IMF’s Lagarde Sees Tapering Spurring Further Market Volatility

The dialing back of Federal Reserve stimulus will cause further ructions in financial markets even as it marks an improvement in the global economy, International Monetary Fund Managing Director Christine Lagarde said.

“The tapering that we see is a result of the significant improvement of the global economy, but particularly the U.S. economy, and that in and of itself is positive,” Lagarde said today in an interview following a meeting of Group-of-20 finance chiefs in Sydney. “There will continue to be volatility on the markets as a result of this tapering.”

The U.S. central bank’s decision to reduce its monthly bond-buying program to $65 billion from $85 billion followed signs of improvement in the world’s largest economy. The move has helped to roil markets from Turkey to South Africa and Argentina, spurring investors to sell off emerging-economy currencies, stocks and bonds, and prompting emergency measures from governments and central banks.

The G-20 forum provided emerging-market economies with an opportunity to share their concerns about policy changes being implemented in advanced economies, including the Fed’s scaling back of quantitative easing, Lagarde said.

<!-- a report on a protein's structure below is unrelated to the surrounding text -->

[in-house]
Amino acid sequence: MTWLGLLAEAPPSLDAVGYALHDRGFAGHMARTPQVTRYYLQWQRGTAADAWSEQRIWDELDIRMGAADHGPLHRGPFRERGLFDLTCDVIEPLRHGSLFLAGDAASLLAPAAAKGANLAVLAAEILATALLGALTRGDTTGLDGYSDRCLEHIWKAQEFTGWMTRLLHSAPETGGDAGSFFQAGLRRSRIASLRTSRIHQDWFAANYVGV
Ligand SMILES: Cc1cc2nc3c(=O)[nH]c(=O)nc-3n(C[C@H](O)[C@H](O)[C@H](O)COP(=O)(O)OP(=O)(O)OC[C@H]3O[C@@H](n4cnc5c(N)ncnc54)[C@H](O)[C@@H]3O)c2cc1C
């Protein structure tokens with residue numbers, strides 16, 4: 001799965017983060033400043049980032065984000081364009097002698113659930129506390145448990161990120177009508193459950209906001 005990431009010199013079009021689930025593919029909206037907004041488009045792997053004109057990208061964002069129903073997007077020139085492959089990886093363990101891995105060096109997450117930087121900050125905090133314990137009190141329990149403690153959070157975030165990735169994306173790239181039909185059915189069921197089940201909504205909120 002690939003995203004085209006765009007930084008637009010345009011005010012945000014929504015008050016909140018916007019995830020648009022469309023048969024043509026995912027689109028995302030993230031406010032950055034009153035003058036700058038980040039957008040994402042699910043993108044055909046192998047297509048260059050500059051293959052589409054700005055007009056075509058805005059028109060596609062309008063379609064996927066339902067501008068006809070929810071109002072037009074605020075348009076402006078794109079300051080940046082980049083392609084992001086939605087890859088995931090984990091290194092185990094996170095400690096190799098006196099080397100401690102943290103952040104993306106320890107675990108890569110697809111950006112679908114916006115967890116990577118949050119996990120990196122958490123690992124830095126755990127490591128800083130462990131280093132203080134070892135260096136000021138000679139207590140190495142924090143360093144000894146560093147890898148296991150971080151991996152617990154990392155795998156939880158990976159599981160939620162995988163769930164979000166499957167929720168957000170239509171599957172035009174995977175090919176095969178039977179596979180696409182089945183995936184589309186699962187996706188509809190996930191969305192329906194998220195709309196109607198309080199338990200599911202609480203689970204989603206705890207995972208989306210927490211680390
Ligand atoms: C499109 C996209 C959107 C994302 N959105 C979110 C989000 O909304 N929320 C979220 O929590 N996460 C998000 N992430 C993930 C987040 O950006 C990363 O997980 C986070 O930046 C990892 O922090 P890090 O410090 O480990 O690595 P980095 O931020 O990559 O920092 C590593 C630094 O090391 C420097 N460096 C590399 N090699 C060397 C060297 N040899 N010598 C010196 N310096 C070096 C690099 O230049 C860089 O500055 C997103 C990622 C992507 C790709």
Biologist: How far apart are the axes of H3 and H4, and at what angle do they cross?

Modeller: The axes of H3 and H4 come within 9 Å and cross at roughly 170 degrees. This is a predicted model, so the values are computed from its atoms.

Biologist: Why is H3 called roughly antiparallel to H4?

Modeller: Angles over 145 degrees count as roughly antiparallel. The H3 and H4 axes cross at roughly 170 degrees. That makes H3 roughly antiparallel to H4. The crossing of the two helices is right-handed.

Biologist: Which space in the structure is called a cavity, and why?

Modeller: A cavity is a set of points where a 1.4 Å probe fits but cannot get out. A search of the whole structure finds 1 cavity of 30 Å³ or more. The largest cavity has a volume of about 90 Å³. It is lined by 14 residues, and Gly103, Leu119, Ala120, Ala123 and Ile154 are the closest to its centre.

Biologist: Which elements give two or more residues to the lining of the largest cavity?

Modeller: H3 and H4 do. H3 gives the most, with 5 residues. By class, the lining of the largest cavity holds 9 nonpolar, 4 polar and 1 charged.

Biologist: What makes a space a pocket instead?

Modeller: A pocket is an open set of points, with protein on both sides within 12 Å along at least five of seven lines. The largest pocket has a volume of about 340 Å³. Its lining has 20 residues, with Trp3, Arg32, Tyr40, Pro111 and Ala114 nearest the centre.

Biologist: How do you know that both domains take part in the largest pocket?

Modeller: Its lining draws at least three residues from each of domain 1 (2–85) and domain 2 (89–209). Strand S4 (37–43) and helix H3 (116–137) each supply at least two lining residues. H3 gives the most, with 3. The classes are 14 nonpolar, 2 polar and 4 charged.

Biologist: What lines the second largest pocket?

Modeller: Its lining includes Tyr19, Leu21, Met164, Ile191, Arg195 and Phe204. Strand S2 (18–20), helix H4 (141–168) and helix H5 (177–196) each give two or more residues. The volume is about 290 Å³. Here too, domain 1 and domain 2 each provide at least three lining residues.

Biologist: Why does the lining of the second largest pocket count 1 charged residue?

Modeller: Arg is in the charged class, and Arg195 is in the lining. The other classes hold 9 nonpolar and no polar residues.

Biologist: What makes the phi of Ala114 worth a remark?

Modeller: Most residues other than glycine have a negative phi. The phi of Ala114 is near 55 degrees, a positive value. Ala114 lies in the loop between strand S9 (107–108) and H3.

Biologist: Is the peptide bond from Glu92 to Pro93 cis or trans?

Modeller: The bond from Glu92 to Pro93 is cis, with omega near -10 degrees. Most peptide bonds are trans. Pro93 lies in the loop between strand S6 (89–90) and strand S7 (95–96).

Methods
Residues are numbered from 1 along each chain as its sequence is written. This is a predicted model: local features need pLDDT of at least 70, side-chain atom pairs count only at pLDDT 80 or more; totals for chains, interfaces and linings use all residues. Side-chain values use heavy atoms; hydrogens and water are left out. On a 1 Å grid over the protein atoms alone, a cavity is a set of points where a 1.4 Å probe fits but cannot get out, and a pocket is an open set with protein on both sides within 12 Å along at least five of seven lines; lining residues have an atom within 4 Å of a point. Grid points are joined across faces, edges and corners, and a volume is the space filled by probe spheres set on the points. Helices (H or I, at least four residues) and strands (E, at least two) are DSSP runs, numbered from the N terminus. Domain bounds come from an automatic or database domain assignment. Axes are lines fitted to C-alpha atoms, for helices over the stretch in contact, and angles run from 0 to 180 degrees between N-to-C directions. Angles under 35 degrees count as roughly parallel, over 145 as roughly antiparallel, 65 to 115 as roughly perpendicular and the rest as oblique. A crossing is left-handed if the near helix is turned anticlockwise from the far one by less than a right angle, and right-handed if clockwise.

The group said monetary policy should remain accommodative for now in many advanced economies and pledged a coordinated push to boost growth over the next five years, according to a statement from finance ministers and governors released after this weekend’s meeting. The timing of stimulus pullback will depend on the outlook for prices and growth, they said.

The official communique includes a “recognition that there are spillover effects to be had from the policy decided in one country vis-a-vis the rest of the group,” Lagarde said.

To contact the reporters on this story: Benjamin Purvis in Sydney at bpurvis@bloomberg.net; Paul Allen in Sydney at pallen32@bloomberg.net

To contact the editor responsible for this story: Katrina Nicholas at knicholas2@bloomberg.net

Press spacebar to pause and continue. Press esc to stop.

Bloomberg reserves the right to remove comments but is under no obligation to do so, or to explain individual moderation decisions.

Please enable JavaScript to view the comments powered by Disqus.